Indian Journal of Dermatology, Venereology and Leprology
Medknow Publications on behalf of The Indian Association of Dermatologists, Venereologists and Leprologists (IADVL)
Vol. 73, No. 4, 2007, pp. 243-246
Bioline Code: dv07088
Full paper language: English
Document type: Research Article
Document available free of charge
Indian Journal of Dermatology, Venereology and Leprology, Vol. 73, No. 4, 2007, pp. 243-246
© Copyright 2007 Indian Journal of Dermatology, Venereology and Leprology.
What is the appropriate duration of a therapeutic trial in cutaneous tuberculosis? Further observations|
Ramam, M.; Tejasvi, Trilokraj; Manchanda, Yashpal; Sharma, Sandeep & Mittal, Rashmi
Background: Laboratory tests for the diagnosis of cutaneous tuberculosis lack adequate sensitivity and specificity and a trial of therapy is often used as a diagnostic test in difficult cases. However, the duration for which the trial should be undertaken is not clearly defined. Our previous study indicated that one month of therapy was adequate to detect a clinical response to treatment. However, about half the patients first reported after one month of treatment, some much later.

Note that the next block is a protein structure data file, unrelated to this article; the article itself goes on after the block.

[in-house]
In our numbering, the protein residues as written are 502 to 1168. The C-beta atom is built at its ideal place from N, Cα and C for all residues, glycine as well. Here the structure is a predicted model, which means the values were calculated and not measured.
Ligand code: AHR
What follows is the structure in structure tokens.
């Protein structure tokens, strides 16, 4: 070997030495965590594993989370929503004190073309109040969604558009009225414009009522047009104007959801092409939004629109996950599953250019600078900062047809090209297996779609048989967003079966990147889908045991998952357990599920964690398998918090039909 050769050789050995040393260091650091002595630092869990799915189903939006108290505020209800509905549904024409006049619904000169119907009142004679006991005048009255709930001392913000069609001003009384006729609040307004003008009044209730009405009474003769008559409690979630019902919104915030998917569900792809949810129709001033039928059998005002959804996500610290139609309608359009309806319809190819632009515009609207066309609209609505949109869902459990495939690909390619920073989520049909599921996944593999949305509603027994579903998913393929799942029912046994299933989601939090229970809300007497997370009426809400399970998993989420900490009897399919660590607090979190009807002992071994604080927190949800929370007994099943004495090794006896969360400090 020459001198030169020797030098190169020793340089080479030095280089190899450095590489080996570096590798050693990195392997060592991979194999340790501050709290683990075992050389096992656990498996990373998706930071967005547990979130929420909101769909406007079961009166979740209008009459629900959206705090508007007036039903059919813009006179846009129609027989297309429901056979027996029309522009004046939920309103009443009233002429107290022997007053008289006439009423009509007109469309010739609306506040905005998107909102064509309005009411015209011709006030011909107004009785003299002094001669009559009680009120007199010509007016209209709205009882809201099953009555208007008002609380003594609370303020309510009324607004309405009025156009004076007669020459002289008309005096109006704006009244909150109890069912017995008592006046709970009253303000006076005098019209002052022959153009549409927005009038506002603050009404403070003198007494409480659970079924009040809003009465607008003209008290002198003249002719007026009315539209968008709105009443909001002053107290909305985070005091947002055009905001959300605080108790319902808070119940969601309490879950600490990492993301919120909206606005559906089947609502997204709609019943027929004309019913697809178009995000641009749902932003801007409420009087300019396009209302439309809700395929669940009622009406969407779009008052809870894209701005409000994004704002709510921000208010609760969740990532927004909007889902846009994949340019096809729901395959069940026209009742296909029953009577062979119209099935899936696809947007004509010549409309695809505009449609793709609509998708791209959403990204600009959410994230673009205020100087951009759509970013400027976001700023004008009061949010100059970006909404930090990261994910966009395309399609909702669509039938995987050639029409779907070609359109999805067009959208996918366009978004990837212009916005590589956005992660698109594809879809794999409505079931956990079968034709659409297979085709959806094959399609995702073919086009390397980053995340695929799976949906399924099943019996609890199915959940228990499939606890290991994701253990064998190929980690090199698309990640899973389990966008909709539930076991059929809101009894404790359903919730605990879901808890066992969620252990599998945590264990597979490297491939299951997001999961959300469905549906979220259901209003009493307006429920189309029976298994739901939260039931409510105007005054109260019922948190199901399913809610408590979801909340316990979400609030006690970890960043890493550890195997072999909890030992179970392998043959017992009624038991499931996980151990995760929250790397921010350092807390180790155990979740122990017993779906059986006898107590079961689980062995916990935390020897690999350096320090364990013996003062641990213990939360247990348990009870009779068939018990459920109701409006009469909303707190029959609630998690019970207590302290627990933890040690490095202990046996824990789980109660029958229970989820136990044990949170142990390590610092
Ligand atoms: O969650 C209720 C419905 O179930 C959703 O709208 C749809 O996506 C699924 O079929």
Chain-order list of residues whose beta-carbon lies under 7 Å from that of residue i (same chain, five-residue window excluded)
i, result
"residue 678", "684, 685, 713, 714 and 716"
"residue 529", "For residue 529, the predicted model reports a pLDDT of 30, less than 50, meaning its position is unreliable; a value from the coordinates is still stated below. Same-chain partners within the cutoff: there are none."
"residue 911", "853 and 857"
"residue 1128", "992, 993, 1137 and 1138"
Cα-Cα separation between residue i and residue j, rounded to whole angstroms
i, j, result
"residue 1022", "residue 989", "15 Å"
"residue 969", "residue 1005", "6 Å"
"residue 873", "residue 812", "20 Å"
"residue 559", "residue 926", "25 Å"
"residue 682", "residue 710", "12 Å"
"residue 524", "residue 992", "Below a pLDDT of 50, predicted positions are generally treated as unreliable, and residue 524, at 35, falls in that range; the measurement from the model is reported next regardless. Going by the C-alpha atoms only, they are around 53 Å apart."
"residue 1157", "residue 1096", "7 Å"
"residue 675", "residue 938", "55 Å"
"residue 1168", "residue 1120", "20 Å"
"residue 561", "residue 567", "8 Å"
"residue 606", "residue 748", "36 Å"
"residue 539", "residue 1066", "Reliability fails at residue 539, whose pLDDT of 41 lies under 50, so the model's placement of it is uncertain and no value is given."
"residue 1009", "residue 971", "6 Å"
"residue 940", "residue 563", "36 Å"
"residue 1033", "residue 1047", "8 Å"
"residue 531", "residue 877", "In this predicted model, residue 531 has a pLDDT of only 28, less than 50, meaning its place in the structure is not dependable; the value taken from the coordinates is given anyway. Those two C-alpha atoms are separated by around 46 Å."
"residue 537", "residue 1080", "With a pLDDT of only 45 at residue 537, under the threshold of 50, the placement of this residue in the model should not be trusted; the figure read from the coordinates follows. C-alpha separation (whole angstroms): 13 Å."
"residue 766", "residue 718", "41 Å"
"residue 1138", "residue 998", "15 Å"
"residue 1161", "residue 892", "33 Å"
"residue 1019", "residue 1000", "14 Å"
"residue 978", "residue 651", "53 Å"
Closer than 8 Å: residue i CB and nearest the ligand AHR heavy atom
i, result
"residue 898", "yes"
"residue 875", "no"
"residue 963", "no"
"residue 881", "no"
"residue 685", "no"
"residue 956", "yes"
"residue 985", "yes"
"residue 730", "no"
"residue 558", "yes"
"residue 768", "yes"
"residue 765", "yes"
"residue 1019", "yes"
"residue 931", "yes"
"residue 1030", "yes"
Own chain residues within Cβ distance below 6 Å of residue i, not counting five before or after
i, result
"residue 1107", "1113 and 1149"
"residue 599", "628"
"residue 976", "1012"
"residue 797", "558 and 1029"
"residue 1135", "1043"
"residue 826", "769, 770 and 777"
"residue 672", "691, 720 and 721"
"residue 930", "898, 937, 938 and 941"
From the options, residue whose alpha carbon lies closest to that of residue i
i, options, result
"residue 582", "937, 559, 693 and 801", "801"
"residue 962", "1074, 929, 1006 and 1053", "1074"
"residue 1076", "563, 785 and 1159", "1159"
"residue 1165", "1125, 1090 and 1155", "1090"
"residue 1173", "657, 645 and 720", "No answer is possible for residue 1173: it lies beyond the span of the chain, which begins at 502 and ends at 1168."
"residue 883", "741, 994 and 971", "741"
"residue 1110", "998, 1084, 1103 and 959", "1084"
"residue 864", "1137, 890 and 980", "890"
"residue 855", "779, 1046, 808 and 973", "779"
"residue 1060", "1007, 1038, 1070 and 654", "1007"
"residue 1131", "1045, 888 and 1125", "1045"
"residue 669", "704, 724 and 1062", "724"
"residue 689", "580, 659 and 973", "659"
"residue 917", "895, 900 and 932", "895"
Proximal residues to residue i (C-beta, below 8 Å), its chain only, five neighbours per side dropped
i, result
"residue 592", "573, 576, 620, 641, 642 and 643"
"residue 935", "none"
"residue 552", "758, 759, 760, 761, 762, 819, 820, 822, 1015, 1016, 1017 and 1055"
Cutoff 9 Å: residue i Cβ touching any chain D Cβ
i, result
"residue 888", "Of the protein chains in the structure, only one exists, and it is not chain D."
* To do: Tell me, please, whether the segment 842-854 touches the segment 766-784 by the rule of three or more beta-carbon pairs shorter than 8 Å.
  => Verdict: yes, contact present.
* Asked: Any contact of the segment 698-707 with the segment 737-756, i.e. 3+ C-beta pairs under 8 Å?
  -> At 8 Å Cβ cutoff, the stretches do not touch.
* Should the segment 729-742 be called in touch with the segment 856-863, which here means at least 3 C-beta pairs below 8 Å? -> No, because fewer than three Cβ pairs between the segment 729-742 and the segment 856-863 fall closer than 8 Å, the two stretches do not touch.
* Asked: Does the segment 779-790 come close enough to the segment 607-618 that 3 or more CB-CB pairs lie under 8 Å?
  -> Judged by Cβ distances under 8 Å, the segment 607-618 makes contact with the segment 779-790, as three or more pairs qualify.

Method: We therefore analysed the treatment records of 107 patients who received four-drug, short course, antitubercular therapy for a diagnosis of cutaneous tuberculosis in our hospital and who were asked to return for follow-up at biweekly intervals in the first month of treatment.
Result: Twenty-one patients did not return for any follow-up visit, nine patients did not respond to treatment and treatment was stopped in one patient. Of the remaining 76 patients, 72 patients were recorded to have distinct clinical improvement within five weeks of starting treatment while only four patients showed improvement after 60-123 (8-17 weeks) days of therapy.
Conclusion: These findings indicate that five weeks appears to be an adequate duration of a therapeutic trial in patients suspected to have cutaneous tuberculosis, with the exception of tuberculids and patients showing minimal clinical activity before treatment. Patients who have not responded by this time are unlikely to do so with further treatment and should have their diagnosis reviewed.
Diagnosis, Lupus vulgaris, Scrofuloderma
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